Man Loses Nose In Accident; Grows New One On Forehead
If I were to tell you to imagine a man with a nose growing on his forehead or a woman with an ear slowly emerging from her forearm, what would be your first thought? Letâ€™s assume you didnâ€™t flee the scene or report me for psychotropic drug use. So what would it be? B-rated horror film? Mad scientist experiment? Hilariously underwhelming superpower? None of the above, in fact. Iâ€™m talking about science. Reconstructive plastic surgery, to be specific. Both of these strange scenarios are actual examples from people whose bodies have been tasked with growing their own replacements. Though the thought of having bits of you growing where they donâ€™t belong is rather horrific, the medical technology behind it is fascinating. Disturbing, yes, but fascinating.
Let me tell you, theyâ€™ve taken â€śnose jobâ€ť to a whole new level.
The man with the forehead-nose suffered a horrific traffic accident in China that destroyed most of his original nose, while the woman with the forearm-ear suffered severe cartilage defects due to advanced basal-cell carcinoma. Through a process called prelamination, skin and tissue from an area that most closely matches the original was â€śbuiltâ€ť on a layer-by-layer basis. A skin graft placed underneath the freshly grown skin flap and is allowed to heal before the process proceeds further. Once the healing is complete, the graft allows for additional layers to be added in between without cutting off blood flow to the new tissue. If you think such a technique sounds a bit risky, youâ€™re right. Aside from the obvious social complications of having an additional nose on your forehead, the reconstruction process is not perfect. The exposure of the cartilage leaves the potential for infection, and in the event the framework is not set properly, parts can end up misshapen. Granted, weâ€™re talking about practical plastic surgery here, not a vanity boob job, but itâ€™s still a terrifying prospect.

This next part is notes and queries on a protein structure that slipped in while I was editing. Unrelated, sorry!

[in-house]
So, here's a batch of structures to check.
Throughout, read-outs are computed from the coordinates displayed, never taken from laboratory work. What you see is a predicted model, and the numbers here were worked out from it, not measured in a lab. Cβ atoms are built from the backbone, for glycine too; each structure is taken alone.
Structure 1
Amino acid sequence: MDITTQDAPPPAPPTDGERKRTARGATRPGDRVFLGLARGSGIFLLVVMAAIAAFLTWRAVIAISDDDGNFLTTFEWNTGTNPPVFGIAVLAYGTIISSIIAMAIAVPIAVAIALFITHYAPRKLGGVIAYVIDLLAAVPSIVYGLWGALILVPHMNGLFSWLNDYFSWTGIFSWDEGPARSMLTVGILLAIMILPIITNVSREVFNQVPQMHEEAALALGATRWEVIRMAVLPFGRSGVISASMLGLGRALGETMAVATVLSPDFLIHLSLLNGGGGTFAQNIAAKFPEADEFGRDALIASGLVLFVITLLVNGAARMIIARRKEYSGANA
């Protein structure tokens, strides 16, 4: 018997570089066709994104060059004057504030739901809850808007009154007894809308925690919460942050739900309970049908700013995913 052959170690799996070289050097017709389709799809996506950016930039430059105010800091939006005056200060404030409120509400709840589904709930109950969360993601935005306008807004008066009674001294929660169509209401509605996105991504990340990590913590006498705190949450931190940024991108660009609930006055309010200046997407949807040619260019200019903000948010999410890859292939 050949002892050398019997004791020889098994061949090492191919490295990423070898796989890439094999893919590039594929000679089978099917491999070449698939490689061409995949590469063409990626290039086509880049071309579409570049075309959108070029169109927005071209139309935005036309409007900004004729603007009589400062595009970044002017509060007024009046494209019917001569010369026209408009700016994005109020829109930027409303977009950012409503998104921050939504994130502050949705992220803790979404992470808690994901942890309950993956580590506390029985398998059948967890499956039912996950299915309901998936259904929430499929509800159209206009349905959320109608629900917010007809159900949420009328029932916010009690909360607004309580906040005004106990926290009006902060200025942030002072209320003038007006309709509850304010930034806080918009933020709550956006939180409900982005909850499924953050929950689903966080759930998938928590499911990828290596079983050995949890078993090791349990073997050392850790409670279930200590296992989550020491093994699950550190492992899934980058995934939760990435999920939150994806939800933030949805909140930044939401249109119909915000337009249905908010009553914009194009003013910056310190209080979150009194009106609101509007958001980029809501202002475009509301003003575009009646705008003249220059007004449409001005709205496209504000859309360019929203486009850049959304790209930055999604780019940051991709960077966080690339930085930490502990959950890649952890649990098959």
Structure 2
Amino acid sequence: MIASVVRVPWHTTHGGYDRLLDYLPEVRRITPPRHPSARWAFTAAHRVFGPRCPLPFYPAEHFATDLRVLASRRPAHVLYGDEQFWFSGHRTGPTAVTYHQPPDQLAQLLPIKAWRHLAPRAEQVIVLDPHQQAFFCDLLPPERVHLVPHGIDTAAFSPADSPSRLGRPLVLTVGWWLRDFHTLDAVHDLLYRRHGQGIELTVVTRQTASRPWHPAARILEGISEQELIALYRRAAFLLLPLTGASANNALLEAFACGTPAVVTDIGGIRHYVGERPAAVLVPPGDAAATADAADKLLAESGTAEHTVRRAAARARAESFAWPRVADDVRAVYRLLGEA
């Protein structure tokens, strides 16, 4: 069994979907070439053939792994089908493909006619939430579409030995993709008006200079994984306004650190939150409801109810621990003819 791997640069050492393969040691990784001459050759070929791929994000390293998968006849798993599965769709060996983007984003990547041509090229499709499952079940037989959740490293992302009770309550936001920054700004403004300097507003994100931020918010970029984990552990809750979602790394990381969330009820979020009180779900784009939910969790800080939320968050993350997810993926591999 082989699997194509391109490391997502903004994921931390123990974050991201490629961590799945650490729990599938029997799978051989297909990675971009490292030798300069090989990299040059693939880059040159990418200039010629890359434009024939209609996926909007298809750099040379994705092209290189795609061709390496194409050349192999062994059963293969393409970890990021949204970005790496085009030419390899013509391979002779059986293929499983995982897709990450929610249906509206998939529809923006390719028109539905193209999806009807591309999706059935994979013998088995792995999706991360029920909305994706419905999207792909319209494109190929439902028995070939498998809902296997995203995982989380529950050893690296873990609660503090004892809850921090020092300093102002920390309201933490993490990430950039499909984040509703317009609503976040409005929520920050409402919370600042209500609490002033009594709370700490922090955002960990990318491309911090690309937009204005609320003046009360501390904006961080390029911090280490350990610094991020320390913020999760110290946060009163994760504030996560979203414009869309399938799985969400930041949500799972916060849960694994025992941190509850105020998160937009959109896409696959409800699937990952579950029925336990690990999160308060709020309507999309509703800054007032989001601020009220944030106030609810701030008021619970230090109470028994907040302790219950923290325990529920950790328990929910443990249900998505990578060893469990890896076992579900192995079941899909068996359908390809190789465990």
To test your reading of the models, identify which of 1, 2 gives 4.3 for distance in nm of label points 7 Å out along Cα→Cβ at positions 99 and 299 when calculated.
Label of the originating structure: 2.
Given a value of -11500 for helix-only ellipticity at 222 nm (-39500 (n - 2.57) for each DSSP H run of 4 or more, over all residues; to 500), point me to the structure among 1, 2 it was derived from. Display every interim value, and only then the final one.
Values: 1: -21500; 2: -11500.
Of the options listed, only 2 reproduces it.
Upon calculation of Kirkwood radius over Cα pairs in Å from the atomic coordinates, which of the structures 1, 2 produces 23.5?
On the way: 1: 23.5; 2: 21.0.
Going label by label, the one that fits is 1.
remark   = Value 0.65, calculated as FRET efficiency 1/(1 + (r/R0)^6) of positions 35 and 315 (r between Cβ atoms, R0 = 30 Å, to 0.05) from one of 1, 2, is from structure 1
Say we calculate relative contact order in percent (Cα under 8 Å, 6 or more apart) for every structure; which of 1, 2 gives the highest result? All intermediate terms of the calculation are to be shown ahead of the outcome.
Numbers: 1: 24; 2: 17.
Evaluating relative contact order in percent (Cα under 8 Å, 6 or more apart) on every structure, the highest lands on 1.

The process of prelamination is fairly versatile, and apparently there are several good candidates for growing replacement parts. I kind of feel sorry for the guy whose forehead was the prime match, but apparently that particular location was chosen to ensure the best potential blood flow to the new cells. Can you imagine the conversation that must have taken place between that guy and his doctors? At least the woman with the forearm-ear could wear long sleeves if she wanted to.
Apparently, science isnâ€™t done here, either. Prelaminationâ€™s versatility extends beyond the myriad places your body can grow new bits. Eventually, researchers say, the goal is to utilize cell samples and grow the pieces on their own in the laboratory. Thatâ€™s right, weâ€™ll basically have genetic nose, ear, and eyeball farms. You know those scenes in horror movies where the protagonists stumble across the villainâ€™s secret lab, and they find all sorts of interesting things floating around in brightly colored goo? Thatâ€™s what Iâ€™m imagining.
Is it accurate? No. But the image amuses me, and thatâ€™s whatâ€™s really important.
Image Credit: agsandrew / Shutterstock